Scientists Discover Giant String-Like Sea Creature

While majority of the world is stuck at home looking for ways to pass the time and waiting the pandemic out, a team of scientists on the Schmidt Ocean Institute's research vessel Falkor managed to find something surprisingly silly on the ocean: a sea creature that looks like a giant silly string.

Surprising Sea Find

Isolated on the ocean during an expedition to study the Ningaloo Canyons off the western coast of Australia, the scientists aboard the research vessel Falkor weren’t expecting to find something both surprising and silly in the still waters. But it’s exactly what they did when they came upon a sea creature that resembles a giant string.

Called a siphonophore, the creature (which is closely related to jellyfish) looks like a crazy huge line of silly strings that are sprayed in a spiral pattern in the water. Made up of millions of interconnected clones, each of these has a different job in the colony and all measure about 154 feet collectively.

“It seems likely that this specimen is the largest ever recorded, and in strange UFO-like feeding posture,” the institute wrote.

And while it just looks line one long sea creature, the siphonophore is actually a collection of parts, all of which act differently in the “colony.” Closely related to the jellyfish, these animals are asexual and reproduce through a budding process. A single bud called the pro-bud usually initiates the growth of the colony via fission.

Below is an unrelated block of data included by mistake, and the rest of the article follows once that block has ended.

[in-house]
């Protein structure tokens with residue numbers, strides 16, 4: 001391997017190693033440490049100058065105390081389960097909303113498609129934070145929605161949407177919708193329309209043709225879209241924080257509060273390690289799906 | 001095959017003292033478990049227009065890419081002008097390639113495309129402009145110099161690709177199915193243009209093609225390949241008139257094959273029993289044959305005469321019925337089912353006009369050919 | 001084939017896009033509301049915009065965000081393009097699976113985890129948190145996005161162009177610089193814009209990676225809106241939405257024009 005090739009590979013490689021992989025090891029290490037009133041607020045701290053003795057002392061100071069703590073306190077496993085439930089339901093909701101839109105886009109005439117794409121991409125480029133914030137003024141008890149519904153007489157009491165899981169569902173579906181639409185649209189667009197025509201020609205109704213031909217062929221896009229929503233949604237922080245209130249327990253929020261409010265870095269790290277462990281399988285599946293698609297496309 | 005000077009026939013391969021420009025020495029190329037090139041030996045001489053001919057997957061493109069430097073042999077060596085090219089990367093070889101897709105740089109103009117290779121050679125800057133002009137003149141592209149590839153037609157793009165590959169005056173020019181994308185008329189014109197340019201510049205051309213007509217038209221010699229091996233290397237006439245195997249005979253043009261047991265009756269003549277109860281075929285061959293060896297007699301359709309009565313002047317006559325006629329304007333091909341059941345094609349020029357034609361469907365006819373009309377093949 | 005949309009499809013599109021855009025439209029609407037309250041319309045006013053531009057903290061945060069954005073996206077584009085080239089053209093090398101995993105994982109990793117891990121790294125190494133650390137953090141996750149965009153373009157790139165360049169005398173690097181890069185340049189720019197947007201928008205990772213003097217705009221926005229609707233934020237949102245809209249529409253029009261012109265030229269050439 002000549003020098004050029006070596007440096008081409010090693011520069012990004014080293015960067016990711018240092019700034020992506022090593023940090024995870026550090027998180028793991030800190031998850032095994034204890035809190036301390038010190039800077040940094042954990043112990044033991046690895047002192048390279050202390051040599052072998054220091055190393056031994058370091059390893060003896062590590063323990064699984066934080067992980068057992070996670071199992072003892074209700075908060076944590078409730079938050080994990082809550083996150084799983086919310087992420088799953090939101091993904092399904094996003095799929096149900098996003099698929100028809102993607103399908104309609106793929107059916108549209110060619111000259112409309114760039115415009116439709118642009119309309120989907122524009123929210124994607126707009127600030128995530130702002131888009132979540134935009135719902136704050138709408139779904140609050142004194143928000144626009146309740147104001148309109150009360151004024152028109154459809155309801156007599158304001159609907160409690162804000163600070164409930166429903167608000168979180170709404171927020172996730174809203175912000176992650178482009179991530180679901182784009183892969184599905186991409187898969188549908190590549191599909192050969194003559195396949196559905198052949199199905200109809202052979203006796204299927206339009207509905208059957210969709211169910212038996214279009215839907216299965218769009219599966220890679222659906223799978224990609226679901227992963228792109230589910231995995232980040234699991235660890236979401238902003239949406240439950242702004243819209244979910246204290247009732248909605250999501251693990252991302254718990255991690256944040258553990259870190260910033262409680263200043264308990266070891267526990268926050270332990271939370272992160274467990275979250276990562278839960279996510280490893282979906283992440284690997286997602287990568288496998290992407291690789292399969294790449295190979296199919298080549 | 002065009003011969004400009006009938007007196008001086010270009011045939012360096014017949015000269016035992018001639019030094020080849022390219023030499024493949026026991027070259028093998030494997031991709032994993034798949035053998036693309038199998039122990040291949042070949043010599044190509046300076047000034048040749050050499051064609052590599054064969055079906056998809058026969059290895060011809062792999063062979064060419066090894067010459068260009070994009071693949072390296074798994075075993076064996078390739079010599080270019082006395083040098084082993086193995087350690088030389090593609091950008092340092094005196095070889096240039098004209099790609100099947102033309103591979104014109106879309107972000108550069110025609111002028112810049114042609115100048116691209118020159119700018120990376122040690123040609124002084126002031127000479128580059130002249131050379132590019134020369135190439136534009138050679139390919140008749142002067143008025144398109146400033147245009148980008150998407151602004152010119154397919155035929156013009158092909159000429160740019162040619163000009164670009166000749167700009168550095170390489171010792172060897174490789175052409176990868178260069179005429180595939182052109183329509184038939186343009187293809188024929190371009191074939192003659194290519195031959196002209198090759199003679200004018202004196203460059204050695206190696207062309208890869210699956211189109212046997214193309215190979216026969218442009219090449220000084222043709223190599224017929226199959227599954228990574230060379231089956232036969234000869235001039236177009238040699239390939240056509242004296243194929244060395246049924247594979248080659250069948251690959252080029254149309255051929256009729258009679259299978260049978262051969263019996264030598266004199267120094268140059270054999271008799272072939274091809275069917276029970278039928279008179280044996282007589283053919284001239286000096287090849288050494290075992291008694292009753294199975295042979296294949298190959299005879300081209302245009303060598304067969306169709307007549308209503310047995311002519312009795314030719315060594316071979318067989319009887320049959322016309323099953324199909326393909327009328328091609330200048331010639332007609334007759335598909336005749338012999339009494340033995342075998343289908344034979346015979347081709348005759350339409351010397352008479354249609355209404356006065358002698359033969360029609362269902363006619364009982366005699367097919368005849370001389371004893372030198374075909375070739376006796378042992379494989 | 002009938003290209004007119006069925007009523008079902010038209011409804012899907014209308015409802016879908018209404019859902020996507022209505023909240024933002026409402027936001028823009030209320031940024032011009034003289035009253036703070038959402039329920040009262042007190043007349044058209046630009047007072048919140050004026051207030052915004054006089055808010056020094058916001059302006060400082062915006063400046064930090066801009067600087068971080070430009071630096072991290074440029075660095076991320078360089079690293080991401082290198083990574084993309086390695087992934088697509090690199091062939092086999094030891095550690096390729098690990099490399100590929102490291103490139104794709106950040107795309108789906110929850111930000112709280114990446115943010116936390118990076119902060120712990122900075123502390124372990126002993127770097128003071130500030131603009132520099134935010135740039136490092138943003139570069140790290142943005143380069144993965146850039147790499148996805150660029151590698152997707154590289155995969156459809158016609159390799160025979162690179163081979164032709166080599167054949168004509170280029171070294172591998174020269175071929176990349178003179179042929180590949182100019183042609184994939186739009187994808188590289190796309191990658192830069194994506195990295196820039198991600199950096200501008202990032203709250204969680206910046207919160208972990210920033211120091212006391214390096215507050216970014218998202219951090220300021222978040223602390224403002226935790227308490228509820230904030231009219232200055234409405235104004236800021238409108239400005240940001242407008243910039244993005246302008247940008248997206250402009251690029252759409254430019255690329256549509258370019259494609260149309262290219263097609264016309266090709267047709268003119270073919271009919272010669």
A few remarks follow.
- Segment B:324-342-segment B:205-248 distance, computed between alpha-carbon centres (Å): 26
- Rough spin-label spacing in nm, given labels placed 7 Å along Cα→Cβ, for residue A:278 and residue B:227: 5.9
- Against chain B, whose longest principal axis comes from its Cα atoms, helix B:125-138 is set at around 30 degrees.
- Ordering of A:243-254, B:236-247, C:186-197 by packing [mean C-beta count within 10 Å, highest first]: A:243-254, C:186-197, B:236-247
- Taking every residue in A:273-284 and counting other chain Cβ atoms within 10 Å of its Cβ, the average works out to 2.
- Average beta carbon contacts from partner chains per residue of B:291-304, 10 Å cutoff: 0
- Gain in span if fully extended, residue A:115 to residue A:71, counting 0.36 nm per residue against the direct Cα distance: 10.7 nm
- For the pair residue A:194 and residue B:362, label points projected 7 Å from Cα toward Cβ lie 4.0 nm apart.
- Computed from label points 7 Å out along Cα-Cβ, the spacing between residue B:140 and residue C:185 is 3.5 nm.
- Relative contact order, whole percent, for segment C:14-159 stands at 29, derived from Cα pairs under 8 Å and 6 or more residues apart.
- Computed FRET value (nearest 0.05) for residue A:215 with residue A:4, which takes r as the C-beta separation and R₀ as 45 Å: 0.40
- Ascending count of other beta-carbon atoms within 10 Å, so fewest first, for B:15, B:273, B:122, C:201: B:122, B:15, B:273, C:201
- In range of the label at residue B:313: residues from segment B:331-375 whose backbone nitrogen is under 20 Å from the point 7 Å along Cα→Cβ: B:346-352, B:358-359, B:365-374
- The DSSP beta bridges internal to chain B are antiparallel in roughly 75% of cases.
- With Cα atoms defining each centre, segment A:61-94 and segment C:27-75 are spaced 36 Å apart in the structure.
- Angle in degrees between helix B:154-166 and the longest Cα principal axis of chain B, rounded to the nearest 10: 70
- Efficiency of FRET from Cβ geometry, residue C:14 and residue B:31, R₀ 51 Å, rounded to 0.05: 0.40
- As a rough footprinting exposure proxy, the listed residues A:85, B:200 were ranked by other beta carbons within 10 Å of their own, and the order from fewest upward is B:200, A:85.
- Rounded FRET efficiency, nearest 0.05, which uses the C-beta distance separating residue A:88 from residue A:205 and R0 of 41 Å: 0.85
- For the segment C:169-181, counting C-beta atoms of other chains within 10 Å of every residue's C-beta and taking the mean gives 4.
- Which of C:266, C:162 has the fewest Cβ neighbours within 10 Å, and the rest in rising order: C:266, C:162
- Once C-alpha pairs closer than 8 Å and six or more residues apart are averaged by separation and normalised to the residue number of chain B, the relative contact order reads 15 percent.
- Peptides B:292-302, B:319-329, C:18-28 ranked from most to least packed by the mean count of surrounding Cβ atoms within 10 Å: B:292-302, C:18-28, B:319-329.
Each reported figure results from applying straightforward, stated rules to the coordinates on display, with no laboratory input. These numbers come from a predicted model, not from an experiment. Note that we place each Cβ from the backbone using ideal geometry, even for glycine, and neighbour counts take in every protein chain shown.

“It's made of millions of interconnected clones, like if the Borg and the Clone Wars had a baby together. There are about a dozen different jobs a clone can do in the colony, and each clone is specialized to a particular task,” explained Rebecca Helm, a University of North Carolina, Asheville, marine biologist who started a Twitter thread to explain what the animal is.

According to Helm, she has seen many quirky animals in her expeditions, but never one as goofy-looking as this one. In fact, this particular specimen is actually the biggest one that we’ve recorded so far, breaking the standards of how crazy deep-sea creatures can be.

Ocean Researchers find that ocean acidification may drive substantial change in aquatic ecosystems during the 21st century... and ultimately impact how we eat. cyberartist, Creative Commons

Loading...